ANKARA–Quoting sources close to the Turkish government, the Daily Sabah on Sunday reported that the presidency and the prime ministry have refuted earlier reports, published by Sunday’s Zaman, about the cancellation of events set to mark the Gallipoli centennial on April 24, the Turkish president’s scheme to deflect international attention from the centennial of the Armenian Genocide.
“Sources from both the Presidency and Prime Ministry have refuted the claims that the commemorations have been canceled, refraining from offering further details over how many and which countries will participate in the Gallipoli centennial commemoration,” reported Sabah, which emphasized Today Zaman’s link to the Gulen Movement, once an ally of Turkish President Recep Tayyip Erdogan, now facing a crackdown in Turkey. The Turkish government has issued an arrest warrant for the group’s leader, Fettulah Gulen, a cleric living in Pennsylvania, and asked the US to extradite him back to Turkey.
On February 21, the Sunday’s Zaman quoted a government official, who wished to remain anonymous, as saying, “The Gallipoli celebrations have been canceled. All preparations have been suspended as the number of RSVPs to the invitation is not positive. Only five countries have accepted the invitation and they will not be represented by high-level officials.”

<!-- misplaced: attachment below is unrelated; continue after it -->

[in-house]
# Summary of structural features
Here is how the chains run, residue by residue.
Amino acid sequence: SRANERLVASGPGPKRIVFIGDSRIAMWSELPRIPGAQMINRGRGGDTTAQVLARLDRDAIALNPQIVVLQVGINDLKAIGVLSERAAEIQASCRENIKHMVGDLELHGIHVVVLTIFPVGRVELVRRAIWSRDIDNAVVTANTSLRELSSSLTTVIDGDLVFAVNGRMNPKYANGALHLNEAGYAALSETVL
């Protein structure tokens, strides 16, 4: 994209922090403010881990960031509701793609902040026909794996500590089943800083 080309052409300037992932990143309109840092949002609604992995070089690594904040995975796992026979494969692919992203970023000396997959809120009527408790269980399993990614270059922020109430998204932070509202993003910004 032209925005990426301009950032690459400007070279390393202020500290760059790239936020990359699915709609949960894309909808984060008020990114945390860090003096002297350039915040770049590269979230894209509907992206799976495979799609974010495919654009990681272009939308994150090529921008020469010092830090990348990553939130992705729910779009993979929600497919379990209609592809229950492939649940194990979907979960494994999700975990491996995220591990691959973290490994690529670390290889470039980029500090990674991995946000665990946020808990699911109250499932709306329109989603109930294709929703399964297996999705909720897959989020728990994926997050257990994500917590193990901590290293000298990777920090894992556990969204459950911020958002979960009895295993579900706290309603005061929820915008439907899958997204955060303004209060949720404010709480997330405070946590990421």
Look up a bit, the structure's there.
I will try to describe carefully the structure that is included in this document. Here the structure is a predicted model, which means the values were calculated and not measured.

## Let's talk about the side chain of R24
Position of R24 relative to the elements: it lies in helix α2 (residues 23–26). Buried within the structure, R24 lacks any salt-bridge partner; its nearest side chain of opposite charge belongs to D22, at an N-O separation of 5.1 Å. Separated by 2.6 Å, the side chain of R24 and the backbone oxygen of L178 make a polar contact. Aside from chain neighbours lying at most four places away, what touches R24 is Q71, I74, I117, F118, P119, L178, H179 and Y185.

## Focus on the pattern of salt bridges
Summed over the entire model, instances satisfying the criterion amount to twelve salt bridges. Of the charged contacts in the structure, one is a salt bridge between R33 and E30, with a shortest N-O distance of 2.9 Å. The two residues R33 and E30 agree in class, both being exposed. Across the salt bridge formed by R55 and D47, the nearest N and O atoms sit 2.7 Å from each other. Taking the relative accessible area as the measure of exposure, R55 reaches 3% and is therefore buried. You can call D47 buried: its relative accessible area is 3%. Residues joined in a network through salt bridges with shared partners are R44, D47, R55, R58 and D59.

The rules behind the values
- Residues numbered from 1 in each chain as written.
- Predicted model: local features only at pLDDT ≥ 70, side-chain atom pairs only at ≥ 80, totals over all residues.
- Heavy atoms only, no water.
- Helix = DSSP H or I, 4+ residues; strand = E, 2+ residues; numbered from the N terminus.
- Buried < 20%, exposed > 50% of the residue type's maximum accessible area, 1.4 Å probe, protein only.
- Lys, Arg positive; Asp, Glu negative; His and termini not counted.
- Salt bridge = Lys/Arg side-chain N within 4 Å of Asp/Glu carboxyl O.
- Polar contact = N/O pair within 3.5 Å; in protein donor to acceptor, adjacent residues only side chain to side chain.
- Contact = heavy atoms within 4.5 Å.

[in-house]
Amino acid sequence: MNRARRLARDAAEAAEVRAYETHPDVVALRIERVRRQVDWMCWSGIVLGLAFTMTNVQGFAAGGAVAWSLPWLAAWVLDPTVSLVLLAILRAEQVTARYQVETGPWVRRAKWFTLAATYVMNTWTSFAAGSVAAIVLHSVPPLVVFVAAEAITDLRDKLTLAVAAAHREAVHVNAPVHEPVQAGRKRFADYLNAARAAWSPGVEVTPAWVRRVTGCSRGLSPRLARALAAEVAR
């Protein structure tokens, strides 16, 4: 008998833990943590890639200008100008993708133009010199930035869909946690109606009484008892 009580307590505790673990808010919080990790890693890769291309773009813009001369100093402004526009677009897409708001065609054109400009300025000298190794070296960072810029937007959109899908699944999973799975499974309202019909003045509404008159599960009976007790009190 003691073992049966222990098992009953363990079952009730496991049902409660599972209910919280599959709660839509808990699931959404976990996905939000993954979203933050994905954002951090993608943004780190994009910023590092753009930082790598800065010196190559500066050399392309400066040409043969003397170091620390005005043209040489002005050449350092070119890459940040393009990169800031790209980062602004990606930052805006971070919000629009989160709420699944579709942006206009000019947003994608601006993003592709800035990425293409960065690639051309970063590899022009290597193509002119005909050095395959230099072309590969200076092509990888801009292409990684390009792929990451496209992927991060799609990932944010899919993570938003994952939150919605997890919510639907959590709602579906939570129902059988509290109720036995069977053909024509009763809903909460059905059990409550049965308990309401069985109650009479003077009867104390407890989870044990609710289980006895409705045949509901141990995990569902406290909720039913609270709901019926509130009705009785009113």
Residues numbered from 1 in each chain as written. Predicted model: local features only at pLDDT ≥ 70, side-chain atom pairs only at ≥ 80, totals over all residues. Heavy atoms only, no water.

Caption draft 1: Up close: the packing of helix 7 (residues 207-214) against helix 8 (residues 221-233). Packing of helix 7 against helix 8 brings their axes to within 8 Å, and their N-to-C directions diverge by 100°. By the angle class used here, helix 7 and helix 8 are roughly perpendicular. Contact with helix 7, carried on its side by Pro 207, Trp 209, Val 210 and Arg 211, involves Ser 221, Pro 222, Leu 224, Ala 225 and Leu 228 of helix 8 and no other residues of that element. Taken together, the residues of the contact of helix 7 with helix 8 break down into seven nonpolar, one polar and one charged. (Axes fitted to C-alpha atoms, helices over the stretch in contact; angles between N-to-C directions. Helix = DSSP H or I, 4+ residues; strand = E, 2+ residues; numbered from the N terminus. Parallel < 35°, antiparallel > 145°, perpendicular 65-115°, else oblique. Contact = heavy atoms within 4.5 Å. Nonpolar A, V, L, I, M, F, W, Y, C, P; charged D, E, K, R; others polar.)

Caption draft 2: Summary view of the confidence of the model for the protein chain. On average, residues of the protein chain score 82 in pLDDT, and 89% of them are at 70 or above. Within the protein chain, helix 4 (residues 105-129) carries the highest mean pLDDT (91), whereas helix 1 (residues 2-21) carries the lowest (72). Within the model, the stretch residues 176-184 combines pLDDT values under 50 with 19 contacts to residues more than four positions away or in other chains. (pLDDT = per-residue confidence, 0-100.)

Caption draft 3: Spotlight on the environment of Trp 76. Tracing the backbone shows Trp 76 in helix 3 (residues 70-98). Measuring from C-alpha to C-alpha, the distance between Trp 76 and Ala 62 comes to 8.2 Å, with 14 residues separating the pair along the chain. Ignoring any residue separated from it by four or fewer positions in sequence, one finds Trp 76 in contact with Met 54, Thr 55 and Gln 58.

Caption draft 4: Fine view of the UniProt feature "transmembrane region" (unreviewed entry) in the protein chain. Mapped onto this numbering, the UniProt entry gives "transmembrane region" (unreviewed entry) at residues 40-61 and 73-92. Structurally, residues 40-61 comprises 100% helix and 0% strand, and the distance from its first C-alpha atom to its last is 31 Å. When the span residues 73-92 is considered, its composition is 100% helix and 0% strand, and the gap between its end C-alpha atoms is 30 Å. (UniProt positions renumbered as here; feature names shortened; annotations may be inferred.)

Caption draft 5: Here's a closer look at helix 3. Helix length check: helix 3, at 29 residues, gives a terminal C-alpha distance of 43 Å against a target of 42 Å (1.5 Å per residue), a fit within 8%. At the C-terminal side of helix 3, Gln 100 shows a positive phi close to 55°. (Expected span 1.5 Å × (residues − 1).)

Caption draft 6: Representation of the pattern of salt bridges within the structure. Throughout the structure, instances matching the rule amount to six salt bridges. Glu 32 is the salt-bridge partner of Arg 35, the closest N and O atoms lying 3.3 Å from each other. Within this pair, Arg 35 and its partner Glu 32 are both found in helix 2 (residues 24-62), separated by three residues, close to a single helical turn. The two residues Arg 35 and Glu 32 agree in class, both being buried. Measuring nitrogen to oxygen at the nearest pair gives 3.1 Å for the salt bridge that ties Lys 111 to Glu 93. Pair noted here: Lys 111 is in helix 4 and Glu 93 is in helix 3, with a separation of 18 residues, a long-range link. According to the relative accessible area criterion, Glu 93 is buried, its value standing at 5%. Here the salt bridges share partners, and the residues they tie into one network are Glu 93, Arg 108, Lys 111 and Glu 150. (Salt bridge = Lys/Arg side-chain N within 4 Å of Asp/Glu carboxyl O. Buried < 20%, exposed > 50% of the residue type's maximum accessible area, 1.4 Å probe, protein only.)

Leading up to the Gallipoli event, Erdogan had sent official invitations to more than 100 world leaders, including Armenian President Serge Sarkisian, to partake in the ceremonies. The date designated for these commemoration events—April 24—created uproar among Armenians worldwide, while Turkish human rights groups urged world leaders to boycott the Gallipoli events.
On Jan. 16, Sarkisian responded to Erdogan’s invitation to Turkey on April 24, in a strongly worded letter. “Turkey continues its conventional denial policy and is perfecting its instrumentation for distorting history. This time, Turkey is marking the 100th anniversary of the Battle of Gallipoli on April 24, even though the battle began on March 18, 1915 and lasted until late January 1916, while the Allies’ operation started on April 25,” he wrote, adding, “What is the purpose [of this] if not to distract the world’s attention from the 100th anniversary of the Armenian Genocide?”